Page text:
Hamilton’s first significant appearance in the most recent season of Drive to Survive was at a press conference before the Australian Grand Prix, in which he questioned why the race was going ahead with the COVID-19 pandemic clearly brewing into a global crisis. The race was canceled the next day.
Hamilton has grown to embrace the platform his on-track successes have given him, and he’s a fierce competitor who has the win-at-all-costs mentality that defines any successful racer. But he’s also small in stature and speaks quietly and introspectively. This is in contrast to Verstappen, a 23-year-old from the Netherlands who’s viewed as heir presumptive to the title of world’s best racing driver.
While Hamilton comes from working-class origins, Verstappen is the son of former Formula 1 driver Jos Verstappen and has been viewed as a prodigy since he was a child. The younger Verstappen started his first Formula 1 race at 17 and picked up his first win at 18—both records. Verstappen speaks with the confidence not only of youth, but of a lifetime of one success after another—and with a bracing bluntness.
Last year, Ferrari’s Charles Leclerc crashed into Verstappen on the first lap of the Sakhir Grand Prix, taking both drivers out of the race. When a TV reporter told Verstappen that Leclerc had admitted he was to blame for the crash, Verstappen simply said, “As he should,” and called the move “reckless.”
For a succinct summary of the differences in personality between Verstappen and Hamilton, consider the postrace press conference from last year’s Bahrain Grand Prix, when Hamilton and Verstappen finished 1-2. Not that anyone remembers that—the race is most famous for a first-lap crash that tore Romain Grosjean’s car in half and ignited a hellacious fireball from which the veteran French driver barely escaped.
After the race, a reporter asked both Hamilton and Verstappen whether drivers should have the option of withdrawing from the competition after witnessing such a frightening incident. The substance of their answers was similar—both said they didn’t have any hesitation about getting back into the car—but they made the point in different ways. Hamilton said he trusted the FIA’s safety measures, while Verstappen took a more direct route.
“I don’t get why you wouldn’t race,” he said. “If the guy wouldn’t race, if I were the team boss I would tell them ‘No? Then you will never sit in the seat again.’”
Hamilton did a double take, laughed, and told Verstappen, “I hope you’re never my team boss. I feel sorry for anyone who is going to be your driver in the future.”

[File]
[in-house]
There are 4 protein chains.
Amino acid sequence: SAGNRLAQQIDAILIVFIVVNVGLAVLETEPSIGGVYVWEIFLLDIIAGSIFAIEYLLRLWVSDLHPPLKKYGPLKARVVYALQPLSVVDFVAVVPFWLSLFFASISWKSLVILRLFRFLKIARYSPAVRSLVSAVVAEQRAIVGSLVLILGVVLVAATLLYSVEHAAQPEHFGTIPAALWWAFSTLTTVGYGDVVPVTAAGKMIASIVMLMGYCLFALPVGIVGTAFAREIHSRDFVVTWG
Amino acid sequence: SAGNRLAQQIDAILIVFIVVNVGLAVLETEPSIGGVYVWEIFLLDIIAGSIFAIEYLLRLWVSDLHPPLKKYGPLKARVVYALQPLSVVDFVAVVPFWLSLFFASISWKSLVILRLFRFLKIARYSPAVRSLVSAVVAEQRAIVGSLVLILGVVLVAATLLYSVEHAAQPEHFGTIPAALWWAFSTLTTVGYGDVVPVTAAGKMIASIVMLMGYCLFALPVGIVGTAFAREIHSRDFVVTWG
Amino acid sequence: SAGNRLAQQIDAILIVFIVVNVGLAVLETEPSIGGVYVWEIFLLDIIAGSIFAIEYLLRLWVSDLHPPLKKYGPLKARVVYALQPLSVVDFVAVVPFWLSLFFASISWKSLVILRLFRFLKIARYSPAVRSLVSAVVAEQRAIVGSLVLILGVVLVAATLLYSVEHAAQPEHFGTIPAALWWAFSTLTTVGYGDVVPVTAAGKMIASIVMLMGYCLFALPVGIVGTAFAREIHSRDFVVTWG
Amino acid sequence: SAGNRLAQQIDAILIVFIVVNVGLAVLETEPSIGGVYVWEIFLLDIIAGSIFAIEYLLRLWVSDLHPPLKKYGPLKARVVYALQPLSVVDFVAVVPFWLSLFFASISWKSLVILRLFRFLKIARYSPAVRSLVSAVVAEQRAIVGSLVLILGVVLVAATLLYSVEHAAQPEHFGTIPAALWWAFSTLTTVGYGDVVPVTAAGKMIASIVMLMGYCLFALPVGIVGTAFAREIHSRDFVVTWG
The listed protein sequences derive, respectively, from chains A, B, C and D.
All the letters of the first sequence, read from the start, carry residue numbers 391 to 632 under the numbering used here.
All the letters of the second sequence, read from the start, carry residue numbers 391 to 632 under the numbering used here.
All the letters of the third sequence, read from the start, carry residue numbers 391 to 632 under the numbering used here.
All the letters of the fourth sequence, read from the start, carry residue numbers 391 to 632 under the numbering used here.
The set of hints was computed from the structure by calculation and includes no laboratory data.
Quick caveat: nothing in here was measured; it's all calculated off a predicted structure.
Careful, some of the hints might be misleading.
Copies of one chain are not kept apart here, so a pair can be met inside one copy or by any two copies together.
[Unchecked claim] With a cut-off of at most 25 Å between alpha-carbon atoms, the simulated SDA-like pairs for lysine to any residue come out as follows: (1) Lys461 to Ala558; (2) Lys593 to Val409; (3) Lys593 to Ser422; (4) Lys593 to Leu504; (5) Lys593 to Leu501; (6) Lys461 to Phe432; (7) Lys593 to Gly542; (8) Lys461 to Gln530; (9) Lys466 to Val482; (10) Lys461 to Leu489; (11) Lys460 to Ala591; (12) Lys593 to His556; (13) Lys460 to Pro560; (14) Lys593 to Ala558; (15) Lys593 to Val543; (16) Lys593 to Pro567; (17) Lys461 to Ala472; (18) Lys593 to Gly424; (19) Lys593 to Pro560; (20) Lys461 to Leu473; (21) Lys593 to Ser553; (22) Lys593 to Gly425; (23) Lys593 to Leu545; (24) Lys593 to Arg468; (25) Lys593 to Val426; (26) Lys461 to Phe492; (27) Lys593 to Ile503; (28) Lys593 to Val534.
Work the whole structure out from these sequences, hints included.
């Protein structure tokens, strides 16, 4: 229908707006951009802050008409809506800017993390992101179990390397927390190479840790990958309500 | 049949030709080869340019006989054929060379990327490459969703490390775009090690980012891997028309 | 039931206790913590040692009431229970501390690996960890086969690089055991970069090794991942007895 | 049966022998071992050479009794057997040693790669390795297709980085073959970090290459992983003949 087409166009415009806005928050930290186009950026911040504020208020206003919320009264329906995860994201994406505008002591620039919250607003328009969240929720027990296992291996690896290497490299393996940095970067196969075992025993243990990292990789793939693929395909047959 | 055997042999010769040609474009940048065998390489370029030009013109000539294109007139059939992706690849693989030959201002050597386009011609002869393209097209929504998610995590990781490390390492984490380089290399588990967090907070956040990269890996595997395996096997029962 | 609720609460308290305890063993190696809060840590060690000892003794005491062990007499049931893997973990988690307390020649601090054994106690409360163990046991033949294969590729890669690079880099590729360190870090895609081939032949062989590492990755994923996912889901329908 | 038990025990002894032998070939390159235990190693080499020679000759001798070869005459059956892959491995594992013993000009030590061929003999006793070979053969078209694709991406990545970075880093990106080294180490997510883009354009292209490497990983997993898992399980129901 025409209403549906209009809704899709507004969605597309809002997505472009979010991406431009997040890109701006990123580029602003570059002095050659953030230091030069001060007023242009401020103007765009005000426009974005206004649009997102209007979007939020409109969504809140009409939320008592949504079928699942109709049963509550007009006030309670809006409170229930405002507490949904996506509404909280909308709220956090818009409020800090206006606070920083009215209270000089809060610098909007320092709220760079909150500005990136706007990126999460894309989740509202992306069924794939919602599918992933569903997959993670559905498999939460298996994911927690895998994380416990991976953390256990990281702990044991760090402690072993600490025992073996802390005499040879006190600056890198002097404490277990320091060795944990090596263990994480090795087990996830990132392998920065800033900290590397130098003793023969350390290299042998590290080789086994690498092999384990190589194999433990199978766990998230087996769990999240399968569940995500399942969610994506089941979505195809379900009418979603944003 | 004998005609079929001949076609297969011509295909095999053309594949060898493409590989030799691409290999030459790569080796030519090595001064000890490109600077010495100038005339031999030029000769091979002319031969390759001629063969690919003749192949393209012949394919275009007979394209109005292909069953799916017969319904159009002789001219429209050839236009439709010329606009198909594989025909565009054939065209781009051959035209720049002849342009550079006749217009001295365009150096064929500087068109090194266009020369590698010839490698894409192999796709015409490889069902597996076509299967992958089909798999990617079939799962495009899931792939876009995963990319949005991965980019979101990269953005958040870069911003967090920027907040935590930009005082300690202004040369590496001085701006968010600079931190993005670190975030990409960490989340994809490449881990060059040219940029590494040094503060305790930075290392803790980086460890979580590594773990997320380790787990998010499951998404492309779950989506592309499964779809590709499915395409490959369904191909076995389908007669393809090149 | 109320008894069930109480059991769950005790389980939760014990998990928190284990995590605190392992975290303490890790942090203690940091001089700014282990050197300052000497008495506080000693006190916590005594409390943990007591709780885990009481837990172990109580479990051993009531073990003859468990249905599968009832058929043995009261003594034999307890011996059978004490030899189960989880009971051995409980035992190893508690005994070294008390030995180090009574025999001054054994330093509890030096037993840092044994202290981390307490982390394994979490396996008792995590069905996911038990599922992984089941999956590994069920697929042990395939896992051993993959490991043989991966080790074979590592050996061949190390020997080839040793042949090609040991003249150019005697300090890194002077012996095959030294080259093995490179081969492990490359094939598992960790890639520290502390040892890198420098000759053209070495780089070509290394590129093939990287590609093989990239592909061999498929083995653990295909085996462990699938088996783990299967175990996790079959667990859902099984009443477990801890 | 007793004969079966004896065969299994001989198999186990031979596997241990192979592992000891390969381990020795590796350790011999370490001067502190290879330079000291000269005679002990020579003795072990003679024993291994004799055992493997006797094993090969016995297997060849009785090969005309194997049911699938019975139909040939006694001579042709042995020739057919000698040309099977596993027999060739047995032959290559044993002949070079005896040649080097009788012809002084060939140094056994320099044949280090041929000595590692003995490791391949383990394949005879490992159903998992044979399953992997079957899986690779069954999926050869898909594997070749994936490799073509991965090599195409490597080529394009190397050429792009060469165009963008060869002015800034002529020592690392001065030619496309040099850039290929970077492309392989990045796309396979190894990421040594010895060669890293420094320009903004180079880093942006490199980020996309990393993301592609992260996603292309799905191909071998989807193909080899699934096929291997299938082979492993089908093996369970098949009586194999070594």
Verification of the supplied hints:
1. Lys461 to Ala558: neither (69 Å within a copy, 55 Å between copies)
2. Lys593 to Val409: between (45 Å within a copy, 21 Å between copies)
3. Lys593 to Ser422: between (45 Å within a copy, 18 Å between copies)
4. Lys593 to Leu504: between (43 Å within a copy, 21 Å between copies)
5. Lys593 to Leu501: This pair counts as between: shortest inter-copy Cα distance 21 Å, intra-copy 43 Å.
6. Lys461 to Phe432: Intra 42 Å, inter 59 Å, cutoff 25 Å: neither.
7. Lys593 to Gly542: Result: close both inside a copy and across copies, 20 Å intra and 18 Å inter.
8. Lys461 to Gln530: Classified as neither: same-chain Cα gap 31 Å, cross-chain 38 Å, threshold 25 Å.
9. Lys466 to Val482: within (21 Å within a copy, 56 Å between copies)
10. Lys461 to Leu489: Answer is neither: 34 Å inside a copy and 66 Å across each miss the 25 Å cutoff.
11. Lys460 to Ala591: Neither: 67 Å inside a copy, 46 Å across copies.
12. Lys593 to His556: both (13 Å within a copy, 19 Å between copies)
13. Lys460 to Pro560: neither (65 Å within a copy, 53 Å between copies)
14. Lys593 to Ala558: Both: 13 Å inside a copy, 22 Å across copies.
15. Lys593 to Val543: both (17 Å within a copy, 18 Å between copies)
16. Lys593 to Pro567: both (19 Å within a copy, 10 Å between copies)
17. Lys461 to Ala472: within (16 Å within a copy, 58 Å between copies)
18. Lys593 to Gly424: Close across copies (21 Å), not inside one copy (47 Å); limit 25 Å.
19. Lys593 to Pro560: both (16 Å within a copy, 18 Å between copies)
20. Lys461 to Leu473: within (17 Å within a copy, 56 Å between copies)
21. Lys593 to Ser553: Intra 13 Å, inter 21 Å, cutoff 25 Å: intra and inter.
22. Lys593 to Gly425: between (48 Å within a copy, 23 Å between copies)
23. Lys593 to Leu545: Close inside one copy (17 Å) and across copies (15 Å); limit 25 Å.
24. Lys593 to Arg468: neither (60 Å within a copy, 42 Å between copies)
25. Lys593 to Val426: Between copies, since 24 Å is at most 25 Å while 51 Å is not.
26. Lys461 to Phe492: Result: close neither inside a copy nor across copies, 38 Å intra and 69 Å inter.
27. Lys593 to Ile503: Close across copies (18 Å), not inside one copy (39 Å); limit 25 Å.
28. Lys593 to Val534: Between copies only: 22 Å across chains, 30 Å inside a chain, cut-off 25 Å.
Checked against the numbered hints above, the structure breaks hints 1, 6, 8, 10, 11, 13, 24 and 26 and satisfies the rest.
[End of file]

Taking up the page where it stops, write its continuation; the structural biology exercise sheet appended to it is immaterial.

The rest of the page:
Verstappen has spent his entire career in the Red Bull developmental system, where he’s been under the tutelage of a similarly quotable boss, team principal Christian Horner. Horner is an urbane former racing driver who’s married to former Spice Girl Geri Halliwell. If Verstappen can be abrasive, Horner is a relentless shit talker.
In contrast to venerable auto manufacturers like Mercedes and Ferrari, or dynastic F1 legacy teams like Williams and McLaren, Red Bull Racing is an offshoot of an energy drink company. And from the corporate leadership on down, it’s thirsty. While Mercedes resisted Drive to Survive at first, Red Bull embraced it, making Horner one of the stars of the series. On Mercedes’ YouTube channel, you’ll find detailed engineering discussions with technical director James Allison.
On Red Bull’s, you’ll find its pit crew changing tires in zero gravity.
But Red Bull’s style matches its substance. In 2004, Red Bull bought the moribund Jaguar Racing team and charged Horner, then just 31 years old, with molding it into a champion. Horner hired legendary designer Adrian Newey away from McLaren to build the team’s cars, and Red Bull started a developmental program under Le Mans winner and Formula 3 executive Helmut Marko to find people to drive them. Verstappen is one of six graduates of Marko’s academy currently on the F1 grid, along with Daniel Ricciardo, Pierre Gasly, Yuki Tsunoda, Carlos Sainz, and world champion Sebastian Vettel. It was Vettel who put Red Bull on the map in the late 2000s, winning the team’s first race and four consecutive drivers’ and constructors’ titles, the last of those by a 155-point margin not even Hamilton has matched. Only four teams in F1 history have won four consecutive constructors’ titles: Ferrari, McLaren, Mercedes, and Red Bull.